Living in the U.S., I am still fascinated by meeting other people with my same surname, since this happens so rarely. (All the while I understand there is probably no chance that we are related.) Within my family, only a distant cousin through marriage has the same surname. She spoke about growing up in Japan and being teased because of the infamous 16th-century rogue character Ishikawa Goemon. He was often compared to Robin Hood, stealing from the rich and giving to the poor, as explained by my dad. Fortunately, I never encountered this razzing because nobody called me “Ishikawa Goemon.” Recently, I read that this was his pseudonym.

Photo taken of our Japanese kanji sign of “Ishikawa.”

Not surprising, U.S. servicemen who were stationed in Okinawa have familiarity with pronouncing or spelling my surname correctly because of Ishikawa beach. There is also an Ishikawa prefecture located along the “Ura-Nihon” or back-side of Japan facing the Sea of Japan. Though nobody has told me this is how they knew how to pronounce or spell my last name, yet.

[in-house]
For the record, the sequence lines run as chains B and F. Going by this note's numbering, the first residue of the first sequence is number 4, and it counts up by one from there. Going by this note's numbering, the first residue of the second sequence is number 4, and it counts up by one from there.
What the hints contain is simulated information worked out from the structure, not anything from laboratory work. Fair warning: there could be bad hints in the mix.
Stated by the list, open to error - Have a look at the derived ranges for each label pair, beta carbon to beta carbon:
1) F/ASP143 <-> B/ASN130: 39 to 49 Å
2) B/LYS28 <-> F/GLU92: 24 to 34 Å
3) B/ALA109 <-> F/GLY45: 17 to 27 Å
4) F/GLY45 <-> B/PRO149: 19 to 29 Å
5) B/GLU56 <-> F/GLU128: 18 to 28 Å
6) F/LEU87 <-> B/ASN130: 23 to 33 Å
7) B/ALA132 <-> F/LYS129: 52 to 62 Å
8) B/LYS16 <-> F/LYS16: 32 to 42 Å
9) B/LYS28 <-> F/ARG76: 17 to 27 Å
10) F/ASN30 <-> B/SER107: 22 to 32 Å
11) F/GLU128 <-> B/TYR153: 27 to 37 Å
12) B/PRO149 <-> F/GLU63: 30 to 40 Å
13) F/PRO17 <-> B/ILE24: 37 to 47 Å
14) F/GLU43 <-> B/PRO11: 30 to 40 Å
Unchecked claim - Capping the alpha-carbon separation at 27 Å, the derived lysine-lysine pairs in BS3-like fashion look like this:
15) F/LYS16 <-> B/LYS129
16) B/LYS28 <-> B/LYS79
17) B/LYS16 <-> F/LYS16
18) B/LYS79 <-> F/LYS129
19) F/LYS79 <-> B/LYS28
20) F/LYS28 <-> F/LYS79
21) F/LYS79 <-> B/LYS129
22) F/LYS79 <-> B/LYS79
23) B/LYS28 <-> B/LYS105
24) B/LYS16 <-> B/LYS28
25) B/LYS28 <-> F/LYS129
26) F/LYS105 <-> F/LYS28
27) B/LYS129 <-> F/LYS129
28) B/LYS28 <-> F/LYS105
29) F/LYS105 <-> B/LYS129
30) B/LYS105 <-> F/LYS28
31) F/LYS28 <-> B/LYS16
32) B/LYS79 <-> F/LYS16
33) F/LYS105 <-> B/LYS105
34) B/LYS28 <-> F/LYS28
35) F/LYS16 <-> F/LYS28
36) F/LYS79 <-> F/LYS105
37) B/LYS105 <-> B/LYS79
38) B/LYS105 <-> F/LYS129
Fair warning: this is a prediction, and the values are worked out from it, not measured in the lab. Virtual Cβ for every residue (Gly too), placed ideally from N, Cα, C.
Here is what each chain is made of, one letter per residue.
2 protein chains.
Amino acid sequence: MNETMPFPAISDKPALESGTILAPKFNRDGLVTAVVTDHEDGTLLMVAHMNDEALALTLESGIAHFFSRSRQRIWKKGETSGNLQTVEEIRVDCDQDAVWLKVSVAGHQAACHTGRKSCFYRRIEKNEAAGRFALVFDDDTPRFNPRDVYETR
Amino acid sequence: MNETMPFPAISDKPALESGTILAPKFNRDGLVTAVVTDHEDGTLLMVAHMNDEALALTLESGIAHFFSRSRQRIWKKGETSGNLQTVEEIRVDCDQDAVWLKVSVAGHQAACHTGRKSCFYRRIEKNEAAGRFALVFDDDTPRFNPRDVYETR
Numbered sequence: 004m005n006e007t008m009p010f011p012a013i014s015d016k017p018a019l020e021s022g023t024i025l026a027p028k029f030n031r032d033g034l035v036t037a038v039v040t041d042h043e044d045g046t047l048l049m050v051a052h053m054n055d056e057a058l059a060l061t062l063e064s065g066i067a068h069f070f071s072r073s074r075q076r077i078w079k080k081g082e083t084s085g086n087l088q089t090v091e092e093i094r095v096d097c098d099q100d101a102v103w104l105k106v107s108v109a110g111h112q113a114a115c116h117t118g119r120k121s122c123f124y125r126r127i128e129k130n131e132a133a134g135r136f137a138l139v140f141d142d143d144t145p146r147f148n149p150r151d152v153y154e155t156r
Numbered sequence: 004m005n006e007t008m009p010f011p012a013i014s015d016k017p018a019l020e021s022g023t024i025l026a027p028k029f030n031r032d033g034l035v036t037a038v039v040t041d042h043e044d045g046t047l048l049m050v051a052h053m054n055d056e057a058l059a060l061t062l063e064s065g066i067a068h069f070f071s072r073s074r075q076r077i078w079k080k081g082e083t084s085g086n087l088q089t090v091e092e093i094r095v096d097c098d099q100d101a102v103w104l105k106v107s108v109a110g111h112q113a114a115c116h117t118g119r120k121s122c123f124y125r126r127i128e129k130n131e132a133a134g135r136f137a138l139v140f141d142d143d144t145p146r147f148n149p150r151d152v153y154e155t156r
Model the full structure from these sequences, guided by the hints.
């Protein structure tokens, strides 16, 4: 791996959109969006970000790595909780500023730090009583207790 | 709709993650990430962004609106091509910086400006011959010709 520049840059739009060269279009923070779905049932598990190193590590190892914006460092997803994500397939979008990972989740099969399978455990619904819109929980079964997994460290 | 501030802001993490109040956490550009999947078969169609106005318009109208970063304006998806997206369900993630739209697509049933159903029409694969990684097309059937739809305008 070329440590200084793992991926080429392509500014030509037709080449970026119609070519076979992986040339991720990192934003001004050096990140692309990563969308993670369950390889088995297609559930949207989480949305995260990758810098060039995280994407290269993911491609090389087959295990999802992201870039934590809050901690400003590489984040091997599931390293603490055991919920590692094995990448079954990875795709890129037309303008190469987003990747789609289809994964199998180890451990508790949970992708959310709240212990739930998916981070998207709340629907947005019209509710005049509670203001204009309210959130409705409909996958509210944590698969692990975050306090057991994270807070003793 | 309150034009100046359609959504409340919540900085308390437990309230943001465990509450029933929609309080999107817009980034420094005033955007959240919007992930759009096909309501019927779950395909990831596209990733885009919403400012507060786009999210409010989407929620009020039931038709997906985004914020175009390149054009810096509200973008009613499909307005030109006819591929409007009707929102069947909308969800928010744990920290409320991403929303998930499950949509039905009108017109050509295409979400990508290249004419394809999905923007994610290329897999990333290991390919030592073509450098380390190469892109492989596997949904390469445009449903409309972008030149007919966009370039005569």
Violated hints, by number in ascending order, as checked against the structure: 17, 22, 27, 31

My dad always explained to non-Japanese that the meaning of our surname is “stone river.” He also taught many how to pronounce our last name. He always said that it was spelled phonetically (at least to a Japanese) and contained four syllables. I remember I needed to write down my last name on a 3" x 5" index card for my university graduation ceremony. I wrote it down as “E-she-cow-a.” Back then, I had used a hybrid Japanese and American pronunciation of my surname. It was not until I lived in Japan that I insisted to myself that I pronounce my surname as it really should be pronounced, “E-she-ka-wa.” Most Americans still mispronounce my surname as “Ish-a-ka-wa” and spell it with three “a's.” When I’m sarcastic, I tell people they pronounced my surname, close enough.